The best example of how our contempt of court rules are restrictive is to note that if the same rules applied in the United States as apply here, then the Watergate scandal could not have been reported in the media until all legal actions connected with it were disposed of by the courts that would probably have been at least five years after the scandal broke.
The Irish and British contempt of court rules would have put a gag on the press from the moment that the original Watergate burglars were charged. Nixon would have got off scot free as would his entire entourage.
There is a genuine problem regarding the conflict beetween a free press and a right to a fair trial but I think that the United States Supreme Court again took the correct course of action in this instance.
The case concerned was Nebraska Press Association v. Stuart (1976). In that case the court found that any instituution of prior restraint on newspapers on what to publish infringed the First Amendment protection of freedom of the press. They argued that the right to a fair trial could be protected through a variety of other mechanisms, other than that of gagging the press, such as prohibiting officials involved in the case from speaking to the press and quesstioning juries that were unlikely to be prejudged by what they had read. In Britain and Ireland there is far too ready a resort to restricting press freedom, without regard for the damage that is being done to the body politic by such acctions.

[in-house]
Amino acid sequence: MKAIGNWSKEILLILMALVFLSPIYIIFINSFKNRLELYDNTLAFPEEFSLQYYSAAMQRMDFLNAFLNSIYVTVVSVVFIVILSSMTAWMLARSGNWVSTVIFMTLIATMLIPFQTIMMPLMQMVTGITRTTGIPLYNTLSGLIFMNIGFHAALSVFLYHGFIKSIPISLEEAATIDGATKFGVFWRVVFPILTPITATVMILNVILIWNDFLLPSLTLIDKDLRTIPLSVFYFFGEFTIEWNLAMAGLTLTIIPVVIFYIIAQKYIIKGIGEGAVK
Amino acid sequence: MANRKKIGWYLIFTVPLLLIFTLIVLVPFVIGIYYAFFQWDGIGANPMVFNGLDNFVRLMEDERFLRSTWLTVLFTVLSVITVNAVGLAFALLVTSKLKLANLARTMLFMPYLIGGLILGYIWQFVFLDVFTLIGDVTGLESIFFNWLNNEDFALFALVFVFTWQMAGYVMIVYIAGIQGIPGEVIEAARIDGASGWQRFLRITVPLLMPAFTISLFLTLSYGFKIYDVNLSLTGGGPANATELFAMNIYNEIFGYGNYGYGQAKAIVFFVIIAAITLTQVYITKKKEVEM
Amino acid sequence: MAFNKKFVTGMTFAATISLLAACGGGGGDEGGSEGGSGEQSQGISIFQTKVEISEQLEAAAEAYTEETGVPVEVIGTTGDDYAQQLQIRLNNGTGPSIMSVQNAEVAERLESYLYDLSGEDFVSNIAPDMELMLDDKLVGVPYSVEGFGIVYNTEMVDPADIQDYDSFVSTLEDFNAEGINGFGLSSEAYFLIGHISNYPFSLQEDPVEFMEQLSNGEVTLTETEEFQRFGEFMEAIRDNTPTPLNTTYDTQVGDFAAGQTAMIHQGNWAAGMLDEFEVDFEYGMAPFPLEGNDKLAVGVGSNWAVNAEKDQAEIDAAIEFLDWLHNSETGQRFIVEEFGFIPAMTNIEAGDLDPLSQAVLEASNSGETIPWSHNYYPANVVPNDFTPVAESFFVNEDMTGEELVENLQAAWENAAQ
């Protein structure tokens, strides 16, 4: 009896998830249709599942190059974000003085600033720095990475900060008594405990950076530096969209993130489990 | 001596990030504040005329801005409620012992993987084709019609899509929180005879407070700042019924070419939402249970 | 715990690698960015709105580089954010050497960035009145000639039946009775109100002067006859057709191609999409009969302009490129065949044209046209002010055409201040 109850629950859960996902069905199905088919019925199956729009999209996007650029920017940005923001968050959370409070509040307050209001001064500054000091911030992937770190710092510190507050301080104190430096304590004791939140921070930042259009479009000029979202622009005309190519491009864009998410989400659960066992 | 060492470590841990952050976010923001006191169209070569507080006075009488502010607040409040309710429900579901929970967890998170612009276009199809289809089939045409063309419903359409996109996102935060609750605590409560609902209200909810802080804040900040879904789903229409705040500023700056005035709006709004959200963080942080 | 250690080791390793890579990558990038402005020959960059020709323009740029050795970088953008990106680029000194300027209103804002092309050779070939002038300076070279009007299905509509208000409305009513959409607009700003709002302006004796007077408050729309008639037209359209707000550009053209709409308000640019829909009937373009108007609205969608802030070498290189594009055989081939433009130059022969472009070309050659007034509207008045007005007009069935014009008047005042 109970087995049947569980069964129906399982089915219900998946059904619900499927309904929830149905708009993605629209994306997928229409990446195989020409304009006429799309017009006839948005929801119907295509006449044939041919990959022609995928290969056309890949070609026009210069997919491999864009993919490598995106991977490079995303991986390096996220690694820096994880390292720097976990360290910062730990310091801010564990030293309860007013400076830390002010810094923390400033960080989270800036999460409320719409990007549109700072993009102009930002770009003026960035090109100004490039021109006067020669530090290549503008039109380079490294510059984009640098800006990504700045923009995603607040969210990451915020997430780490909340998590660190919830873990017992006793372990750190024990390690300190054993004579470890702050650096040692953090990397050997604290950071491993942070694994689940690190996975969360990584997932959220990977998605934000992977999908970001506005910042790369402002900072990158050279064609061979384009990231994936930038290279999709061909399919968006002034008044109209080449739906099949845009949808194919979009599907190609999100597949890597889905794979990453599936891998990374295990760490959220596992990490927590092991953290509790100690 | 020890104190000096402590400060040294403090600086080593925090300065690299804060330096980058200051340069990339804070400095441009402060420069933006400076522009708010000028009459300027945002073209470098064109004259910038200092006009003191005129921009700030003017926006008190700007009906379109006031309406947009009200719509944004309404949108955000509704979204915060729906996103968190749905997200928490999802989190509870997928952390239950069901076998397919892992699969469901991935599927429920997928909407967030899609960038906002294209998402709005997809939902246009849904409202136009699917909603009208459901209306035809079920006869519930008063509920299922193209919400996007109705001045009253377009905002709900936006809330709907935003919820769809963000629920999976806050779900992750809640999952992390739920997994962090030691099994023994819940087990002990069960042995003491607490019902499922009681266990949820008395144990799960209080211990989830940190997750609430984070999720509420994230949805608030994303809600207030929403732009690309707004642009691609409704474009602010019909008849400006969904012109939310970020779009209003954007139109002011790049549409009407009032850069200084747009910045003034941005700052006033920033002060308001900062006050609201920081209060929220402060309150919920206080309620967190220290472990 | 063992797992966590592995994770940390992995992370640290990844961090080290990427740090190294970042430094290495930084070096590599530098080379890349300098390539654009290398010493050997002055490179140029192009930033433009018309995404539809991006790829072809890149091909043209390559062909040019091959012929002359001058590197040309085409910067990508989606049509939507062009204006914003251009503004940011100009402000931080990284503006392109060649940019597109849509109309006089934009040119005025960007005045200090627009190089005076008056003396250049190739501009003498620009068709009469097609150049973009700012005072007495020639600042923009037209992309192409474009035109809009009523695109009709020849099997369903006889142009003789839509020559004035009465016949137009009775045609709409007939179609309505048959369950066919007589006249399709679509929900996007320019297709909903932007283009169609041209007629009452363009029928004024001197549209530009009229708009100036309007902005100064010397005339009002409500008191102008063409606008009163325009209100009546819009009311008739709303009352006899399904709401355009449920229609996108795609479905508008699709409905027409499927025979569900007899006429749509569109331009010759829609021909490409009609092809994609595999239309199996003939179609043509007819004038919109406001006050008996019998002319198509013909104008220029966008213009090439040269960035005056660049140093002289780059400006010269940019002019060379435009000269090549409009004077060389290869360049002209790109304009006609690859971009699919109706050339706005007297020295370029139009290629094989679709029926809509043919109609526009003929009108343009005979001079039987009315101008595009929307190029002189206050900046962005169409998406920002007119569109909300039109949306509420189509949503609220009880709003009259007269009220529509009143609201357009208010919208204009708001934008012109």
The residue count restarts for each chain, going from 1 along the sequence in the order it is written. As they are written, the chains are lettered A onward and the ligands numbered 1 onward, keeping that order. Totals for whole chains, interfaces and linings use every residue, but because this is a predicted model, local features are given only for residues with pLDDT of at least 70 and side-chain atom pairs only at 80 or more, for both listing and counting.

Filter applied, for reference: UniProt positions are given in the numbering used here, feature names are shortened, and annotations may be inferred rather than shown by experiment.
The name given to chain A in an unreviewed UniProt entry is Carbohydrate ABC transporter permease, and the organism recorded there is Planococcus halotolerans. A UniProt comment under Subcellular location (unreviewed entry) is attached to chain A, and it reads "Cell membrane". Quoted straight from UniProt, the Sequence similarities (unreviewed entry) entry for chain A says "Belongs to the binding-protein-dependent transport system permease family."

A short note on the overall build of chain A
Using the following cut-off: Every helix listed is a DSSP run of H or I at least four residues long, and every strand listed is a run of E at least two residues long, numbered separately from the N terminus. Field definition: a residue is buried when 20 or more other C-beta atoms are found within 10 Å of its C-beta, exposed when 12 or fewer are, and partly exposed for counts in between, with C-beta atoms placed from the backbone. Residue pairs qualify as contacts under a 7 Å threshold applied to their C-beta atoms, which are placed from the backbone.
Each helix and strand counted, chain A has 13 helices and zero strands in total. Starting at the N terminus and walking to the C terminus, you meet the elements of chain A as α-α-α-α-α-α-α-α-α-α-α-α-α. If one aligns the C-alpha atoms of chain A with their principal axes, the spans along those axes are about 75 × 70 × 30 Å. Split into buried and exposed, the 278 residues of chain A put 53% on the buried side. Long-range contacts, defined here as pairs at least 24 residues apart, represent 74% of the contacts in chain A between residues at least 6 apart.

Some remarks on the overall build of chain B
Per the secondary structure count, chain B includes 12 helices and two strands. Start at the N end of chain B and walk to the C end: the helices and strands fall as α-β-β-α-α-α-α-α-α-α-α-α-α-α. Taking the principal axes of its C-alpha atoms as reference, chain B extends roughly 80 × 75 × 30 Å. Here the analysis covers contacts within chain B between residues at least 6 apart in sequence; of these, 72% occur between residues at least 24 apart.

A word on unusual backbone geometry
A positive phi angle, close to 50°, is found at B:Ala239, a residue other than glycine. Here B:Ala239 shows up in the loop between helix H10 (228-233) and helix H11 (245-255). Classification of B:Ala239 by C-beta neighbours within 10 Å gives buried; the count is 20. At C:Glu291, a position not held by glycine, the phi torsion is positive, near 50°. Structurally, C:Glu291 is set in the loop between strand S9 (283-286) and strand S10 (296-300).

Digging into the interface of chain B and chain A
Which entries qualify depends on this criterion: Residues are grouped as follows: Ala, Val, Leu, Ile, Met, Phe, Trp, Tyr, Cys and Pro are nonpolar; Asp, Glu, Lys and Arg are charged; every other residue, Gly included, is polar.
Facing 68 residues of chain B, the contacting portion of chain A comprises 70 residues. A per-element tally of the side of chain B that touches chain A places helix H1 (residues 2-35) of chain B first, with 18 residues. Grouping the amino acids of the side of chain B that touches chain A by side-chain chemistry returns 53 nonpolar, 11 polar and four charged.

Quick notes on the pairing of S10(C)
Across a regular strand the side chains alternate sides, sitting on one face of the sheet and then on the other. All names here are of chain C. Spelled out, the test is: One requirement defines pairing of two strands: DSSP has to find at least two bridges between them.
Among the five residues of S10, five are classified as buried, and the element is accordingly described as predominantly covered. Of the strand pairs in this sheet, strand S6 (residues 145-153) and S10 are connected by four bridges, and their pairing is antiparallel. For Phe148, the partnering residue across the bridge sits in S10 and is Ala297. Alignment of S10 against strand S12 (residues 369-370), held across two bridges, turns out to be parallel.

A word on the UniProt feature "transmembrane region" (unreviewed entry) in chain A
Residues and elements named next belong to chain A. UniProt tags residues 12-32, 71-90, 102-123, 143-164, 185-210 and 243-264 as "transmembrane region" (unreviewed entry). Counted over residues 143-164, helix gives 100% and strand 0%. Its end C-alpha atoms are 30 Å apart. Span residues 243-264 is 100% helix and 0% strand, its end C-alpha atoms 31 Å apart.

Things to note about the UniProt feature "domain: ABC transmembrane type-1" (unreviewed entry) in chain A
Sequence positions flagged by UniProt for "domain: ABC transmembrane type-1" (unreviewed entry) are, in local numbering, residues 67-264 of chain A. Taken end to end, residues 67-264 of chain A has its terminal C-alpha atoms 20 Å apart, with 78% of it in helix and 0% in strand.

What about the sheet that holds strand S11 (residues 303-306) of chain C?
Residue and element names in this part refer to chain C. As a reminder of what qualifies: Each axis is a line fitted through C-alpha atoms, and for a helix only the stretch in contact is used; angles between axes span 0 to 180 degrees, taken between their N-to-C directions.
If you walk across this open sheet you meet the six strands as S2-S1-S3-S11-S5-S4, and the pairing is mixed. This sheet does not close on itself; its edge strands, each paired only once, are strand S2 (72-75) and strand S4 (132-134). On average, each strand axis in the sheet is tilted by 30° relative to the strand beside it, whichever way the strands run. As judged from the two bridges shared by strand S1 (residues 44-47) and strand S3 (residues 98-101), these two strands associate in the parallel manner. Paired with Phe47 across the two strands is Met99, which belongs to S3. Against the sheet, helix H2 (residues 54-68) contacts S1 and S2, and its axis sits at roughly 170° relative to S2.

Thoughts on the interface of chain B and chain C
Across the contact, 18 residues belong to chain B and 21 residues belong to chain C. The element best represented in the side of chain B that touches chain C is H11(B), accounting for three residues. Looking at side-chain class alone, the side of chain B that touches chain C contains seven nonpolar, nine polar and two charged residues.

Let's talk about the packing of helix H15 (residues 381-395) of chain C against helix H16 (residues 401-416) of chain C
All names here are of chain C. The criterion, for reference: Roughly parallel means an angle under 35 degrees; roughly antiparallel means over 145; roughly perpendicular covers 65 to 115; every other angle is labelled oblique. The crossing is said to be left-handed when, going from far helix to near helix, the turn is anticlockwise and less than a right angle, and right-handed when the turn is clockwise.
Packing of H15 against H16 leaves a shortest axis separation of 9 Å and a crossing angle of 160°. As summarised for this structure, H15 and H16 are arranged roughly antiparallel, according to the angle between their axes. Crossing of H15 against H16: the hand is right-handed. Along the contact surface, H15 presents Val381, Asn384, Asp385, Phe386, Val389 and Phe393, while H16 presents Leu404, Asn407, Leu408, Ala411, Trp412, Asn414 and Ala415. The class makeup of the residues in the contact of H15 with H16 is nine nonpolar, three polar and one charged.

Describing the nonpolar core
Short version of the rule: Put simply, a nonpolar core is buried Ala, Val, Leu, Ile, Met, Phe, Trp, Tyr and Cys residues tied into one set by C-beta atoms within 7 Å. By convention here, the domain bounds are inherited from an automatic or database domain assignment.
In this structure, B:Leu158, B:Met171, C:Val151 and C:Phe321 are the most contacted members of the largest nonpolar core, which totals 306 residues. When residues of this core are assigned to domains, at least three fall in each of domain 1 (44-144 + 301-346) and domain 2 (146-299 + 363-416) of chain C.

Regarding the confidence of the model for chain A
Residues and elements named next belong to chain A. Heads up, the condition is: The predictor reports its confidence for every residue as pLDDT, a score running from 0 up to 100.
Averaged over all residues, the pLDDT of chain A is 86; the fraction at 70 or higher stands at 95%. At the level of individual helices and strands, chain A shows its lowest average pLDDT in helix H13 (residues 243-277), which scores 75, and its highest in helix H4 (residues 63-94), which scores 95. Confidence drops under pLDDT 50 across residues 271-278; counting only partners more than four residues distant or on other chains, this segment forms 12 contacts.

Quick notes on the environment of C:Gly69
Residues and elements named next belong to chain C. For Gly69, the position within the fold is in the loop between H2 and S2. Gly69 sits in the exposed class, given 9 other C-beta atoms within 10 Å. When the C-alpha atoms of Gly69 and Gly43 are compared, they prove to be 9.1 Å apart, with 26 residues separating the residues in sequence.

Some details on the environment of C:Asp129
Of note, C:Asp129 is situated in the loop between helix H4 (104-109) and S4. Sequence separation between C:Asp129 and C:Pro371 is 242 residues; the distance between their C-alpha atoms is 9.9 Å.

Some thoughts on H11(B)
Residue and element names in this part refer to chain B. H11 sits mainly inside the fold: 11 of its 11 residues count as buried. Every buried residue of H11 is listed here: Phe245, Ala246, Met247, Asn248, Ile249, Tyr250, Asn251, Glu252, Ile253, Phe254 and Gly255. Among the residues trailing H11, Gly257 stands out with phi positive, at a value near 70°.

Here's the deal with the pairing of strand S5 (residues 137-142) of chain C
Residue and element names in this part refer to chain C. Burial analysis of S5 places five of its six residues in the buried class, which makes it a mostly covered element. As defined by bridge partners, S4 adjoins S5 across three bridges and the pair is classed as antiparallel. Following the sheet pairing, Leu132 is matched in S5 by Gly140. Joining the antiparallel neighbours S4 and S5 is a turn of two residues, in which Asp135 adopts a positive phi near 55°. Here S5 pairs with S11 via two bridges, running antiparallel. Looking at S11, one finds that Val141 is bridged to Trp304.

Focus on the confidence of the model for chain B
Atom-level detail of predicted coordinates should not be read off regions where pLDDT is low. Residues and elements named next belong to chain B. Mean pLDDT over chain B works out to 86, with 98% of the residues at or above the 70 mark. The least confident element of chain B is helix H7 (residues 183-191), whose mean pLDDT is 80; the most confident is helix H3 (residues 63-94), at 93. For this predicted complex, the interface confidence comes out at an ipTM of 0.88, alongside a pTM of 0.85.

The position regarding official secrets is crazy. In fact all Government documents, another name for which is ironiically public documents, are secret.
The whole tradition of secrecy, which pervades our sysstem of government is anti-pathetic to democracy and is resolent of an authoritarian strain which pervades much of our society still. We should be campaigning to get rid of these and the other legal restrictions on the freedom of the press, as well as having a Freedom of Information Act in troduced here, to which incidentally Fine Gael is commmitted, not that that means anything.
Section 31 of the Broadcasting Act has had an enorrmously inhibitory effect on RTE and is founded on an arrogance that a Government minister - nowadays Jim Mitchell - can decide what is in the best interests of the public to know or not to know. The section is usually justiified in terms of denying subversives the freedom of the airrwaves but this misses the point. Subversives or indeed anyybody else have no right to the freedom of the airwaves or to publicity in the press for that matter. The only right involved is the right of the viewer, listener or reader. Once broadcasting freedom is curtailed it is the right of the viewer and the listener that is infringed, not the right of the subversives for they had no rights in the matter from the beginning.
Magill will be around for quite some time to come to play its minor part in holding Governments, Gardai, public bodies and the other institutions of power accountable. Our readers can assist us in two ways - first of course by continuing to support the magazine and secondly through keeping in touch with us about abuses, excesses, malpracctices etc. We also hope to report on the more joyous aspects of Irish life. We will be doing so on a fortnightly basis from March 7 next.